Intel’s Chipset Debacle: “What am I suppose to do?”

We totally understand if that’s what you’re wondering right now, but you will only be affected if you recently bought a motherboard or system that contains Intel’s recent Series-6 (aka Sandy Bridge on LGA 1155) chipset. Note that the processor (CPU) itself is not affected, and the issue currently lies on all motherboards that were shipped since the launch of this new line. The discovered major flaw was enough to halt current manufacturing and shipments, but rest assured that other Intel products are not affected (e.g. X58, P55, H55, etc.). Intel estimates total costs for existing replacements and repairs that they will incur is about $700 million.

So what’s the problem here? The problem is hardware related and affecting the SATA II (3 Gbps) that are on the “Cougar Point” chipsets. Some sort of silicon-based fix will be required at the metal layer, and this includes all products that are currently shipping or have already been shipped (e.g. P67, H67). Also to note that all desktops, notebooks, and servers that are based on the Sandy Bridge chipset are affected.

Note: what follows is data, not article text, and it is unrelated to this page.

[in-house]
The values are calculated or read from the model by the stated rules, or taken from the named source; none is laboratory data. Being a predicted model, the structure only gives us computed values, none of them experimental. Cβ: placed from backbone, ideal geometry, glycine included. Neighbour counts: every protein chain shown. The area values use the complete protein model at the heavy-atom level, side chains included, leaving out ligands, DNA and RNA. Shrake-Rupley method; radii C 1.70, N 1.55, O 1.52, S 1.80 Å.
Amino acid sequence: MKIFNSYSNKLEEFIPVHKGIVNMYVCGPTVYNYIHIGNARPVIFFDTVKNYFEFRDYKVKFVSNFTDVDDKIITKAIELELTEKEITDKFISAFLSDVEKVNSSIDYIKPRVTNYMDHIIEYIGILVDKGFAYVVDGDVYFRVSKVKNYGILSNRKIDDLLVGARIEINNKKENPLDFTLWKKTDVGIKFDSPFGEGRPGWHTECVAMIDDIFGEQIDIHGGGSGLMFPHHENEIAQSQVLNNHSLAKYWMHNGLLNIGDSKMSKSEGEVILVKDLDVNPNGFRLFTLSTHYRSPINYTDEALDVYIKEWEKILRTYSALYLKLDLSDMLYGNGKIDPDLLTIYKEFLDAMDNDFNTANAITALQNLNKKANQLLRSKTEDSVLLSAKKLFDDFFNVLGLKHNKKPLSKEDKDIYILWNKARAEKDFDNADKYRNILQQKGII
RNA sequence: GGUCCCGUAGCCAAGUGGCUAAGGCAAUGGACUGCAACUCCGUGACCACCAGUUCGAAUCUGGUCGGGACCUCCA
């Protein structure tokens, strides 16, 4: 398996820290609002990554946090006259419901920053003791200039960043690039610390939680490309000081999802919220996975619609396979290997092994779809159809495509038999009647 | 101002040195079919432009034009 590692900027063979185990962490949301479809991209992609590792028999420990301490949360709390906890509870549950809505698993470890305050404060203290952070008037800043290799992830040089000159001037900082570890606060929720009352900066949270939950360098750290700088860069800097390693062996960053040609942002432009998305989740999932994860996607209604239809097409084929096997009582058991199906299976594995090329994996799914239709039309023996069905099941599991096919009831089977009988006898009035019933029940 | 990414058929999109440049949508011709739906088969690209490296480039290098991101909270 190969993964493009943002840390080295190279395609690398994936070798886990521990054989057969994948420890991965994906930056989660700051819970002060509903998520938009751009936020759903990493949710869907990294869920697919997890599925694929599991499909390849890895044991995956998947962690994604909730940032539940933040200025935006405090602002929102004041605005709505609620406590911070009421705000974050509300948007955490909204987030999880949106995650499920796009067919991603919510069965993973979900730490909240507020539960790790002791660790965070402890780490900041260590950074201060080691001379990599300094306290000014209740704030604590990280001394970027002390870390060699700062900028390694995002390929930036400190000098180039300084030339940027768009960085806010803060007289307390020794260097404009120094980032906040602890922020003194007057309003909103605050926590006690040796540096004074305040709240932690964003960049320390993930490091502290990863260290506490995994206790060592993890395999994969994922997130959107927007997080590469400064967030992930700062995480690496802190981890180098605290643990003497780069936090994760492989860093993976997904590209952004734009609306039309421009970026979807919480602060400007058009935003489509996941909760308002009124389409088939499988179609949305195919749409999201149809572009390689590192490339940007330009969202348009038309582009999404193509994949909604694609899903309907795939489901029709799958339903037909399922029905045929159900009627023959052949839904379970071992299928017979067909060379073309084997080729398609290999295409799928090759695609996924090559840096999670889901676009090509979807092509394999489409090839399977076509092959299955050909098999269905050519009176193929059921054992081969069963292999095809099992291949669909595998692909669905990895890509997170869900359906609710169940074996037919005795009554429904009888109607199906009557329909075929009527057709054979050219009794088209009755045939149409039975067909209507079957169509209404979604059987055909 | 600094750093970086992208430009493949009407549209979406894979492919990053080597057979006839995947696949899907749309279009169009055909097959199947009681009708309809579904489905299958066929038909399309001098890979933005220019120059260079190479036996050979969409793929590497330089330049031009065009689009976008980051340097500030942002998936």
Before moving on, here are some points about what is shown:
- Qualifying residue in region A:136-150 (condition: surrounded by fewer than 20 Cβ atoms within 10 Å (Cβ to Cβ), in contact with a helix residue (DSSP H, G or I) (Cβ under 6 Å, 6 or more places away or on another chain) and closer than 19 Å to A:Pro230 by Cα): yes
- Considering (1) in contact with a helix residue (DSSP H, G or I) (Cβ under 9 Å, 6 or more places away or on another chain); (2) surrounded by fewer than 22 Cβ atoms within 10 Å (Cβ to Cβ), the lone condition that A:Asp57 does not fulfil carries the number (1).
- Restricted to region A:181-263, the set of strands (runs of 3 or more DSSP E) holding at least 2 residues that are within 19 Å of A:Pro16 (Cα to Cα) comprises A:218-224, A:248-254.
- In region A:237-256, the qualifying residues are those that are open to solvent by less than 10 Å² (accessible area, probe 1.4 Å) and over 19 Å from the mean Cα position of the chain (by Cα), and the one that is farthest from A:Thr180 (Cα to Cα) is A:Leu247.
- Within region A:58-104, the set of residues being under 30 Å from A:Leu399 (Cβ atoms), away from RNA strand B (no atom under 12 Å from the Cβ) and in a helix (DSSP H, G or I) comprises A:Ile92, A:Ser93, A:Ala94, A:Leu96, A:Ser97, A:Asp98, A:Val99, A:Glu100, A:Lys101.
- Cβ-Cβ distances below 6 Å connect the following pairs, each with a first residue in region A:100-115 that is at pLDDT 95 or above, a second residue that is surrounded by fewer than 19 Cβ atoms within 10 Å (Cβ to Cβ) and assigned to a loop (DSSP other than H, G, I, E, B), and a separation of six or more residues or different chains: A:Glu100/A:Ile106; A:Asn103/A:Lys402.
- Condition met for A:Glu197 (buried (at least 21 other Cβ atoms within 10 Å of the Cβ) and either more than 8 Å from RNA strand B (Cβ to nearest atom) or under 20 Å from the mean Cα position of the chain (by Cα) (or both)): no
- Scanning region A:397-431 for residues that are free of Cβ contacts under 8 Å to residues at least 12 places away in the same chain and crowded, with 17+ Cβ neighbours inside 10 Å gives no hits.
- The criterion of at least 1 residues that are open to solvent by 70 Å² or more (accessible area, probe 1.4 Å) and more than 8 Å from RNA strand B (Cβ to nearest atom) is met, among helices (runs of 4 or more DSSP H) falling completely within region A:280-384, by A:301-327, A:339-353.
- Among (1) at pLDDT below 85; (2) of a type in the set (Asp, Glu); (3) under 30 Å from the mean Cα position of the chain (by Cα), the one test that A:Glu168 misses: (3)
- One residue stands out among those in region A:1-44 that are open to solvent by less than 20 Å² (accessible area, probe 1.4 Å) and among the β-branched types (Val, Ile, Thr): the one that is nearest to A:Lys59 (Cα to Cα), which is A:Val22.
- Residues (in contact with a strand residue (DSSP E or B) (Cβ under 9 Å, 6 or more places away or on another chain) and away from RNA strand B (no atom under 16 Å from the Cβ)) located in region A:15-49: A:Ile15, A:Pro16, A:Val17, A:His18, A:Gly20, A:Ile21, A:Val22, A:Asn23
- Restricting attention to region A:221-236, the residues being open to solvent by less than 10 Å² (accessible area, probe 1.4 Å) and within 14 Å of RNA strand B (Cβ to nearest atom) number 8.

What happens if I bought (or built) a Sandy Bridge system recently? Manufacturers are indicating that revised motherboards for both desktops and notebooks won’t be available until April (this year), as Intel won’t be providing revised chipsets until mid-March. As for standalone motherboard purchases, most boards bear a 3 year warranty – so you are most likely to be covered.

VSPC will be contacting affected clients with the steps they should take regarding this issue, and any of our currently offered builds that has this faulty chipset will be temporary unavailable for the time being. If you are thinking of buying or building a system, we’d recommend that you hold off at least until April.

Based on what we’re hearing at this point, the chipset may have a higher chance of failing only when it’s under heavy use and to reduce any lost of data or corruption – we advise that all hard drives should be moved to any available Intel or third party SATA III (6 Gbps) ports (e.g. 0 and 1). If you require to use any of the SATA II (3 Gbps) ports, allocate the least critical drive(s) instead (e.g. DVD drive).

UPDATE: Some companies are also pointing out that with the shortage of copper and other materials required for manufacturing, delays may end up stretching beyond the expected April time frame. We’ll also post any other updates here that are either coming from Intel or any other major manufacturers (e.g. regarding replacements or refunds).

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2 Responses to Intel’s Chipset Debacle: “What am I suppose to do?”

  1. Pingback: Versus series (New for 2011) « Custom Desktop PCs & News | VSPC

  2. Pingback: Velocity II series (2011 Refresh) « Custom Desktop PCs & News | VSPC

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